This class explores the intersection of two disciplines, art and science. Research skills intrinsic to both include curiosity, close observation, experimentation, and visual analysis. Organized around printmaking projects informed by specific topics in biology, students adapt theory and practical skills from both disciplines to create artworks using several printmaking techniques. Permission of the instructors. Honors version available.
This studio class explores public art from historical and critical perspective. Students will propose and create works of public art. Opportunities to implement projects will be explored through the Department of Art and other resources.
Continuation of ARTS 313. May be repeated for credit.
An advanced photography course for students interested in contemporary photographic practices, critical theory, art history, and experimental processes: theory and practice, formal and conceptual investigations, and historical and contemporary strategies will all be given equal attention.
An introduction to the creative and technical processes in producing video art. Students will shoot and edit their own independent video projects. Some class time will be devoted to viewing video art and other media-based work.
Cultural production and practice, theory, and criticism. Pursuit of individual visual projects, formally and conceptually, through theoretical, poetic, art historical, and autobiographical texts, critiques, collaboration, and discussion using all media.
This course is appropriate for students who have had a minimum of three semesters of prior printmaking experience. Students submit a proposal outlining technical and artistic goals for the semester.
Required preparation, one additional two-dimensional studio course (drawing, photography, or printmaking). Defining the book as a "multiple and sequential picture plane," this course considers a range of traditional approaches and conceptual departures of the book as a format for creative expression.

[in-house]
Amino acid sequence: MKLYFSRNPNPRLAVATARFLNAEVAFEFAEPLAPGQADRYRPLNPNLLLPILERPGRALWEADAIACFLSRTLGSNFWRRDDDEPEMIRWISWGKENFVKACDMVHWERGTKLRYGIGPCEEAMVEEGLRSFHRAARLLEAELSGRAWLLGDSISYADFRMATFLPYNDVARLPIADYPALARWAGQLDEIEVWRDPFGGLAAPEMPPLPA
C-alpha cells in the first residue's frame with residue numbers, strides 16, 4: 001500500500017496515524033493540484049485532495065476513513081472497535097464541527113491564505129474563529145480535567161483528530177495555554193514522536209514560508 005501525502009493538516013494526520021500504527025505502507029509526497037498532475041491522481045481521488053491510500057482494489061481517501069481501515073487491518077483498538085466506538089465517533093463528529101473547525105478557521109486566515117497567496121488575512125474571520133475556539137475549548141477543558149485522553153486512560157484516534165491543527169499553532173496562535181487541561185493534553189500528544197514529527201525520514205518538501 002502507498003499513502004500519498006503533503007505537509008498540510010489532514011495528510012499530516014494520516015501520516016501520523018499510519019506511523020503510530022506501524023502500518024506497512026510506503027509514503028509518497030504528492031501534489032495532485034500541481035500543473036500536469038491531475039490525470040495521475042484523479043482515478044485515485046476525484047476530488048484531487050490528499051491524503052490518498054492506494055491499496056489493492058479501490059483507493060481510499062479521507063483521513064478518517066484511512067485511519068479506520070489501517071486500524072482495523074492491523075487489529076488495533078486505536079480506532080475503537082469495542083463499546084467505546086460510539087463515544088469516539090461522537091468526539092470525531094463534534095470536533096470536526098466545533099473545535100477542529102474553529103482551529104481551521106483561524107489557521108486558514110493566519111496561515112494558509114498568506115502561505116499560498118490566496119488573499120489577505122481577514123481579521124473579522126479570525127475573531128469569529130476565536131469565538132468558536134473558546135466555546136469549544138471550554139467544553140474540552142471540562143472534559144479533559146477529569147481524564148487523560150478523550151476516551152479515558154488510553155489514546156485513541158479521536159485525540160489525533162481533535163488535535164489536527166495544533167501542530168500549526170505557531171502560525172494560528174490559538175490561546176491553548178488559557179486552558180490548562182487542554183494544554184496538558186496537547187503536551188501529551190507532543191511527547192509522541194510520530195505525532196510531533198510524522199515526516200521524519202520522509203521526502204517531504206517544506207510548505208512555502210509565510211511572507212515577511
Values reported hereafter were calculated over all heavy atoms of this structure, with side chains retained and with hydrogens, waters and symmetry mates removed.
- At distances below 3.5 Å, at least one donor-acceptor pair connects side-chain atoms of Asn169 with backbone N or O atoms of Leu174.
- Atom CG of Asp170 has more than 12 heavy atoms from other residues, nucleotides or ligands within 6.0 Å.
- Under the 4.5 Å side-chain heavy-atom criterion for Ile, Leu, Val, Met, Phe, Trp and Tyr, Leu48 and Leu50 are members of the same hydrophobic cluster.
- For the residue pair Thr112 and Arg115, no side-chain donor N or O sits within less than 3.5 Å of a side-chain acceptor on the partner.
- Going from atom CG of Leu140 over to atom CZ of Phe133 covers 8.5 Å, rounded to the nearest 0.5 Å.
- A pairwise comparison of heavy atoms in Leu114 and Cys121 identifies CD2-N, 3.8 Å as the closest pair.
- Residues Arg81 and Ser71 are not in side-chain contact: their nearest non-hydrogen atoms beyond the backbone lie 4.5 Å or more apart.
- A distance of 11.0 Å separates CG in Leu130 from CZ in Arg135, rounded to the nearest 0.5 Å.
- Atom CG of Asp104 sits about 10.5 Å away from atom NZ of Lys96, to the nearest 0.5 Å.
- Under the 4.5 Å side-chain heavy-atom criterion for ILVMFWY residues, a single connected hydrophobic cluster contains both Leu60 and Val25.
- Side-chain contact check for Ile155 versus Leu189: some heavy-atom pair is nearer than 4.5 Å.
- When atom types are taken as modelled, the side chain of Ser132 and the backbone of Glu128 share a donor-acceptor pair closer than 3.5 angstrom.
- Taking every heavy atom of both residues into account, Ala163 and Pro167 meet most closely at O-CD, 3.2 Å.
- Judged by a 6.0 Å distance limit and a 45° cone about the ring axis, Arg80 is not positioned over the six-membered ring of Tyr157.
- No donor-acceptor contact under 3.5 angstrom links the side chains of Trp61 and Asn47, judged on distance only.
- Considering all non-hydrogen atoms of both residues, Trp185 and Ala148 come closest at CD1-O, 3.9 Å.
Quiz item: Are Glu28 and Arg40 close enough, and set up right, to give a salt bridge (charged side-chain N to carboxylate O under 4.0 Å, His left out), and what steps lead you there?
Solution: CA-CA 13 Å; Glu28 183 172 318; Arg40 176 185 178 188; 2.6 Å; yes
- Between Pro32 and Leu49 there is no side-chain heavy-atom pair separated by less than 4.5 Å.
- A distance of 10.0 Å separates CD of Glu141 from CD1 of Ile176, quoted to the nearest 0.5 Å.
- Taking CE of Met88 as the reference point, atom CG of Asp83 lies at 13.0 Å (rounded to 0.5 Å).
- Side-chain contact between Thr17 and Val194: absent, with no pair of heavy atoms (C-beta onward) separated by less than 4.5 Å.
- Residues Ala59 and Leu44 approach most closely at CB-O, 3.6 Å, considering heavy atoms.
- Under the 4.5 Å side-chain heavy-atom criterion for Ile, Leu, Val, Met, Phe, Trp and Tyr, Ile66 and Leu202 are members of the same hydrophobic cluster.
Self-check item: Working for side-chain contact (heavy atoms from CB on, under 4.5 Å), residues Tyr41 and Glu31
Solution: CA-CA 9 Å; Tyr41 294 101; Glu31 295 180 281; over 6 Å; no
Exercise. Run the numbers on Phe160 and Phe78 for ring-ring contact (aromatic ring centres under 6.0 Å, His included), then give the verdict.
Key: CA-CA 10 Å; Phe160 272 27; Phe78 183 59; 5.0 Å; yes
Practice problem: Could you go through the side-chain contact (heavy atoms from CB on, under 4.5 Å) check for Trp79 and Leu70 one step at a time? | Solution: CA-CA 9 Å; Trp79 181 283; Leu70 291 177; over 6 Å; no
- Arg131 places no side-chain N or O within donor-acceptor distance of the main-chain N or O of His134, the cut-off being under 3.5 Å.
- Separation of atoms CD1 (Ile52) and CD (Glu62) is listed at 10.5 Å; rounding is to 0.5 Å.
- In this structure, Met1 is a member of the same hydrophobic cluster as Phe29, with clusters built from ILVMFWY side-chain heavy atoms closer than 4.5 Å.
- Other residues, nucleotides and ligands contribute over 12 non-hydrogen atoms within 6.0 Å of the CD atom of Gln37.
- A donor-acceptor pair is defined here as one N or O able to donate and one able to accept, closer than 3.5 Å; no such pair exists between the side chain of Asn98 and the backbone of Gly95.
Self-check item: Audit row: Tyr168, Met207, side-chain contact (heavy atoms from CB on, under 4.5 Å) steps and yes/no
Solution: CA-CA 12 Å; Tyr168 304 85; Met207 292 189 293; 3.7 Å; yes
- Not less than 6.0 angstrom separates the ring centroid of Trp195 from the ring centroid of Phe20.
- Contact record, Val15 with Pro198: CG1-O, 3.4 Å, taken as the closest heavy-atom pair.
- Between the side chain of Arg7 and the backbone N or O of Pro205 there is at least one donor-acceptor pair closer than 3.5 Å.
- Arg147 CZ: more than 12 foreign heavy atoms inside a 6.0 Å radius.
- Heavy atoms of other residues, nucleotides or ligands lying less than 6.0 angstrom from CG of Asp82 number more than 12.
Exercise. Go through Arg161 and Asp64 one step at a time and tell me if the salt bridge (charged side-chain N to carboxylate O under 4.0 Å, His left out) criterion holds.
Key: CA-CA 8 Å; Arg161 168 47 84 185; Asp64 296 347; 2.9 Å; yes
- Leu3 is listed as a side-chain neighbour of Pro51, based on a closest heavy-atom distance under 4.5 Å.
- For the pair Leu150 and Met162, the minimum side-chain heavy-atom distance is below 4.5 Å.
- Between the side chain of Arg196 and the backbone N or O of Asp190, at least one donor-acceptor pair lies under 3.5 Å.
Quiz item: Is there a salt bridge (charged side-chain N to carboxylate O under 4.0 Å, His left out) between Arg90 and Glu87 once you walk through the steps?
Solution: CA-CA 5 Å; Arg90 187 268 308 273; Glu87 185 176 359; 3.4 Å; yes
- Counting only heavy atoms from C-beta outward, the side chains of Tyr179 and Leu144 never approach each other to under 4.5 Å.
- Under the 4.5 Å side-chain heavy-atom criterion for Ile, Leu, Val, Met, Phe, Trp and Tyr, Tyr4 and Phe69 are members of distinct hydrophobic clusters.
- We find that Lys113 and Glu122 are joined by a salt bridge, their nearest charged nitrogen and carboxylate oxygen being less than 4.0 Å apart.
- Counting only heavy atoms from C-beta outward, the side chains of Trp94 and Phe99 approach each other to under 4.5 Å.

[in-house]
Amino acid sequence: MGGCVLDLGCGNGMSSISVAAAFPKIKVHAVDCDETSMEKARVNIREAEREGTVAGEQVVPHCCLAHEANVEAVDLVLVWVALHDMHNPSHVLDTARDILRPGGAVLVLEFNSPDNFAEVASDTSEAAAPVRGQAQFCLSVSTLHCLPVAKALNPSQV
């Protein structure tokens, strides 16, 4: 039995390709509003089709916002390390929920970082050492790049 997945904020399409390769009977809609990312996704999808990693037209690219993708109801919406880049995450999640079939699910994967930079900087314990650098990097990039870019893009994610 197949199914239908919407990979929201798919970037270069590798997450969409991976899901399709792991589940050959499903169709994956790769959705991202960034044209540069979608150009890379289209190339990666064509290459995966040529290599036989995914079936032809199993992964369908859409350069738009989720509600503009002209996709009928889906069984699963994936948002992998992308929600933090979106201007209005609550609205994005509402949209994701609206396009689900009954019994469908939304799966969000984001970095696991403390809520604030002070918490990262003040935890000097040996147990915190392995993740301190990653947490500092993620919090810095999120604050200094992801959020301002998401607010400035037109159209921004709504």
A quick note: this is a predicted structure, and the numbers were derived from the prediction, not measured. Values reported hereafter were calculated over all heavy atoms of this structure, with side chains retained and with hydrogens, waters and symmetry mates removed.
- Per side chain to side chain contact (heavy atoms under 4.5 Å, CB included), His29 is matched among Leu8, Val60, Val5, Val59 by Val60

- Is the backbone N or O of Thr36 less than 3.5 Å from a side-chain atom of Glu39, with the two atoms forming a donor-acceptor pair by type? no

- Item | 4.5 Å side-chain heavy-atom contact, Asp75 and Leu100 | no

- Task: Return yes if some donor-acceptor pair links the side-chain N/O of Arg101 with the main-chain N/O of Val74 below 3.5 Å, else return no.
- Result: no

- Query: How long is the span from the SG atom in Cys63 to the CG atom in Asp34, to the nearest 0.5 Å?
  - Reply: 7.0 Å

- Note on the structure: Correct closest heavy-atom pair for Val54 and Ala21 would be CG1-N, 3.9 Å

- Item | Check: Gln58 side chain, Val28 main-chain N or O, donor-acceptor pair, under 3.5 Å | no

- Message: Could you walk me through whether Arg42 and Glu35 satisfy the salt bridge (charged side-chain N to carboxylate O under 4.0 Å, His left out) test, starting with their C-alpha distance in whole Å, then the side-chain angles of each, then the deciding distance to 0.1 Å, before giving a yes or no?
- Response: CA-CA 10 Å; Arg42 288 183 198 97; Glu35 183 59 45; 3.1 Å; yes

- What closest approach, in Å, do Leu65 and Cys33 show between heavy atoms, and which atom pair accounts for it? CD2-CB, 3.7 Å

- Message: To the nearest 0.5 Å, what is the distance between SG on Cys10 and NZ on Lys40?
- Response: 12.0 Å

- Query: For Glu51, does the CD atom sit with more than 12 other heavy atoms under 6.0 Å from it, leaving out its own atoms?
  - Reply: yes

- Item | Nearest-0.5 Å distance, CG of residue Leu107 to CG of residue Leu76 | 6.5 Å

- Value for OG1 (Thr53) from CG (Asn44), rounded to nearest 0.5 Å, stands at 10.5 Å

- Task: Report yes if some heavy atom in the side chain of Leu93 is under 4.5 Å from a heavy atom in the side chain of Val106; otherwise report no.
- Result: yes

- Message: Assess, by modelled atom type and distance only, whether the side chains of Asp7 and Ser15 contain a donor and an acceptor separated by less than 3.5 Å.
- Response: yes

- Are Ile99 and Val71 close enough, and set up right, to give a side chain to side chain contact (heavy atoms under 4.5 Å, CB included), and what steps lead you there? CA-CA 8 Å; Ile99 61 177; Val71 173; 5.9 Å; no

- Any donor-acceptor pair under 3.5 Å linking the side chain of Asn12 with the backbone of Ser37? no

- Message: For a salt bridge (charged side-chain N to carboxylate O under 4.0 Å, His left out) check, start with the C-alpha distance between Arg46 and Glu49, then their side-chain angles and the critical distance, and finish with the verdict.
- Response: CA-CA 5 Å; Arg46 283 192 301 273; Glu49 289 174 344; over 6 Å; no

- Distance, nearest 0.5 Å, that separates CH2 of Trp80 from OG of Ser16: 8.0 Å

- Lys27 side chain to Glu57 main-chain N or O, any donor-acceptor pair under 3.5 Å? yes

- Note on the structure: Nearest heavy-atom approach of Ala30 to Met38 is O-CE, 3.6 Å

This course combines a technical approach (making printing matrices using photographic processes) with a conceptual framework (the photographic "voice" and its interpretation in printmaking). Artmaking projects explore salient ideas such as appropriation versus capture, documentation, truth-telling and fabrication, or narrative invention using specific technical processes such as photogravure and cyanotype.
Required preparation, any intermediate studio art course or permission of the instructor. Advanced consideration of selected topics in studio art.
Required preparation, 15 hours ARTS courses. Allows studio art majors to pursue unpaid practicums or internships for credit. Examples include working as a studio assistant or working in art-related fields, such as galleries, design firms, architectural firms, and nonprofit arts organizations. Work undertaken must comply with Federal criteria governing unpaid internships. Departmental approval required.
May be repeated for credit.
Permission of the instructor. For students wishing to pursue additional media or thematic study beyond the advanced level. Students register with section numbers designated for faculty. May be repeated for credit.
This projects-based seminar will introduce students to the fundamental optical and technological principles of motion pictures. By using the Maker Space to design and fabricate pinhole cameras, zoetropes, and 16mm film strips, students will gain a deep understanding of the material and technological foundations of the cinema, and the operating principles that are behind not only the classic films of Hollywood's past, but the high-definition digital imaging technologies of the present.
Required preparation, any intermediate studio art course or permission of the instructor. Selected topics in studio art.
Permission of the department. ARTS 691H is designed to enable studio art majors to pursue serious and substantial work. In addition to working with the instructor of record for ARTS 499/691H, students work under the supervision of an individual thesis advisor and committee.
ARTS 692H is taught concurrently with and by the instructor for ARTS 500. In addition to the classroom component, students continue to work with an individual thesis advisor and committee. Successful completion of ARTS 692H allows students to graduate with honors or highest honors.
Graduate Studio Art Seminar
M.F.A. candidates meet weekly for organized group analysis and critique of their art work. Each candidate presents work on rotating basis before a panel of faculty and peers.
Master's Project in Studio Art